There are also low standard errors ranging from 1.2 to 1.5.

After evaluating the “goodness of fit” of the calibrated models, through the F test (Table 7), the presence of a significant relation between the dependent variable and the set of explanatory variables considered has been verified.

Table 7 Analysis of variance-Statistics F

The significance value of F is well below 5% therefore the results obtained are statistically significant (i.e., reliable), so the model used is good.

Despite the goodness of the model, the analysis and comparison between the estimated and real values led to consider a correction factor G in the transition from logarithmic to exponential notation (Table 8).

Table 8 Values of gravity model parameters

Emissions estimation from maritime shipping

Maritime transport generates numerous impacts on the marine ecosystem due, for example, to the engines, the spillage of oils and other contaminating liquids into the water, the loss or discharge of solid materials, the emission of air pollutants. In the paper, attention is paid to emissions into the air (NOx; SO2; CO2; HC).

CO2 contributes to global warming by trapping heat in the atmosphere and negatively affects marine ecosystems by increasing the acidity of sea water. Sulphur dioxide (SOx) emitted by the maritime sector contributes to acid rain, which has a negative impact on health. Nitrogen oxides (NOx) are gases that can cause acidification and eutrophication of water and soil; in fact, NOx emissions on the one hand increase the presence of nutrients in sea water leading to abnormal growth of algae, on the other hand they favour the formation of particulate matter and ground-level ozone.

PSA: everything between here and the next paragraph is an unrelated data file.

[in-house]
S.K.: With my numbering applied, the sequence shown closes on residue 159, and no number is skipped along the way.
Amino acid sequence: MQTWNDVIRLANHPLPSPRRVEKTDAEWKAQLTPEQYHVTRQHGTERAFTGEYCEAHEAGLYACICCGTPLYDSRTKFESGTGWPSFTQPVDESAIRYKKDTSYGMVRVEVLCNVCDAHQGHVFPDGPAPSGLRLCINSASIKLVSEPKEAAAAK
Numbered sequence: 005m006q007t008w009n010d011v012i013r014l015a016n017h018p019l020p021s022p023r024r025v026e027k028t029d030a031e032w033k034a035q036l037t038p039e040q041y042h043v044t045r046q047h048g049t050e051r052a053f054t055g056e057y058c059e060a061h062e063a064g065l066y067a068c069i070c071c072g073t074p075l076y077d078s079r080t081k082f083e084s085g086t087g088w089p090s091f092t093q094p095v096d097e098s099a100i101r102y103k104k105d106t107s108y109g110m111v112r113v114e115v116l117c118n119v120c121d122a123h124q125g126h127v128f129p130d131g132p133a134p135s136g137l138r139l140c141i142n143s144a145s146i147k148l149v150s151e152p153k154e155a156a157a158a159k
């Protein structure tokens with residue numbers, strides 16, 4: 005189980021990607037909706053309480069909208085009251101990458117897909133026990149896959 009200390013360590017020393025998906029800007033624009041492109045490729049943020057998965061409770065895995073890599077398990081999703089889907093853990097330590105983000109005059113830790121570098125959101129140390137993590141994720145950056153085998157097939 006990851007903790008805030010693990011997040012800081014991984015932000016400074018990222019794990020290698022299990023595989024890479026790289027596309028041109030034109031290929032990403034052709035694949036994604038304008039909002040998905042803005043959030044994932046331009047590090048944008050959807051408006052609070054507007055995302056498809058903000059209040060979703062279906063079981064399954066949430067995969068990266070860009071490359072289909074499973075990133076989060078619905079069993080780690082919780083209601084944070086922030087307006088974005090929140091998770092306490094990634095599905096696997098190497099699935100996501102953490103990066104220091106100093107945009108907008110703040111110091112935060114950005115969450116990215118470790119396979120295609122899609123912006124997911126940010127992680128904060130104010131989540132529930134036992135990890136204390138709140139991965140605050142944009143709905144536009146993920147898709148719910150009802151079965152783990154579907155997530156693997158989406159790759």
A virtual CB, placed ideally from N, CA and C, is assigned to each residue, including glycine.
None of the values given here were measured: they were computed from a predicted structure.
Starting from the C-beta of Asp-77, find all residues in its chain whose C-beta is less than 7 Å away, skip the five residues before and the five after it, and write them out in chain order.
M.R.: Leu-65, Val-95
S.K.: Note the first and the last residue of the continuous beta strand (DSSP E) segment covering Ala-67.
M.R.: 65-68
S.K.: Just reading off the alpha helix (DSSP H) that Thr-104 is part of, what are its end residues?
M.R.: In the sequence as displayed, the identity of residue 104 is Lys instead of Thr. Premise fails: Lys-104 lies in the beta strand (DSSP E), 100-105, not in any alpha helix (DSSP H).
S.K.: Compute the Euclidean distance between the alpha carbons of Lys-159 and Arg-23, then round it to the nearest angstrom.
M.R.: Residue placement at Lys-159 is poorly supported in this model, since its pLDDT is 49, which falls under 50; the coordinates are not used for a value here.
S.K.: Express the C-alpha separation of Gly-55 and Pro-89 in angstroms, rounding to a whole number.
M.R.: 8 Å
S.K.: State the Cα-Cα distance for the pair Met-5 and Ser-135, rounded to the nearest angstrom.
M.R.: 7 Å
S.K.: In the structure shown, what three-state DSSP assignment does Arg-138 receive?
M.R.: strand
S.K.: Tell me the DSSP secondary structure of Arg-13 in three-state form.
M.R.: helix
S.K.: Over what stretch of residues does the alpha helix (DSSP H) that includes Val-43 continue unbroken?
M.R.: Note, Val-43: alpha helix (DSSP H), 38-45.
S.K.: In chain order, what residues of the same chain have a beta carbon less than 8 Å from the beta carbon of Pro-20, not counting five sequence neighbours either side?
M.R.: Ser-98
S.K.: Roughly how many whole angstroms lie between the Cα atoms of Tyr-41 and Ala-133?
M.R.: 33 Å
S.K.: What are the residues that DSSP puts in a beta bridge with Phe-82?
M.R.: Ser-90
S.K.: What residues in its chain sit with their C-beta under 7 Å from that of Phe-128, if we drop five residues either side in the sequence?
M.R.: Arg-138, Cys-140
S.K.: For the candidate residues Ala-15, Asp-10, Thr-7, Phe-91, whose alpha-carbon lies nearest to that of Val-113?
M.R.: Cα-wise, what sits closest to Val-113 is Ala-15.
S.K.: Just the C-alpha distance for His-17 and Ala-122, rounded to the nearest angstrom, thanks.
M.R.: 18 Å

The evaluation of the emissions generated by a pollutant p (Ep) can be evaluated using the following expression:

$${\text{E}}_{{\text{p}}} {\text{ = EF}}_{{\text{p}}} \cdot {\text{T}}_{{{\text{od}}}} \cdot {\text{P}}_{{\text{s}}} \cdot {\text{N}}_{{{\text{sy}}}}$$

where EFp is the emission factor of the pollutant p in g/KWh; Tod is the time of navigation by sea from the port o to the port d; Ps is the engine power for the s ship type; Nsy is the number of s ships type offering the maritime transport service in year y.

Tables 9 and 10 give respectively the values of the emission factor pollutant and the average power values of the main engines by type of ship.

Table 9 Emission factor by ship type (g/KWh).
Table 10 Average power values by ship type (KW).

The time Tod can be evaluated as described previously.

The number of s ships type for the transport service s in year y can be evaluated as:

$$N_{sy} = \, F_{sy} /C_{s}$$

where Fsy is the flow of goods moved by the transport service s in year y; Cs is the average capacity of the ships operating the maritime service s. This average capacity (Table 11) has been assessed with reference to a large database built by a detailed survey which included the monitoring of ships in the Mediterranean Sea and the detection of their characteristics.

Table 11 Average ship capacity by type

Using the model, the polluting emissions generated by intra-Mediterranean maritime transport have been evaluated, in 2019 (Figs. 3 and 4). Intra-Mediterranean maritime traffic flows generated the emission into the air of about 1,800,000 tons of pollutants of different types. About 96% of emissions concerns the production of CO2, 2.35% the NOx, 1.63% SO2 and 0.08% HC.

Fig. 3
figure 3

Emissions of HC, SO2 and NOx. Maritime transport in 2019

Fig. 4
figure 4

Emissions of CO2. Maritime transport in 2019

Case study and scenario analysis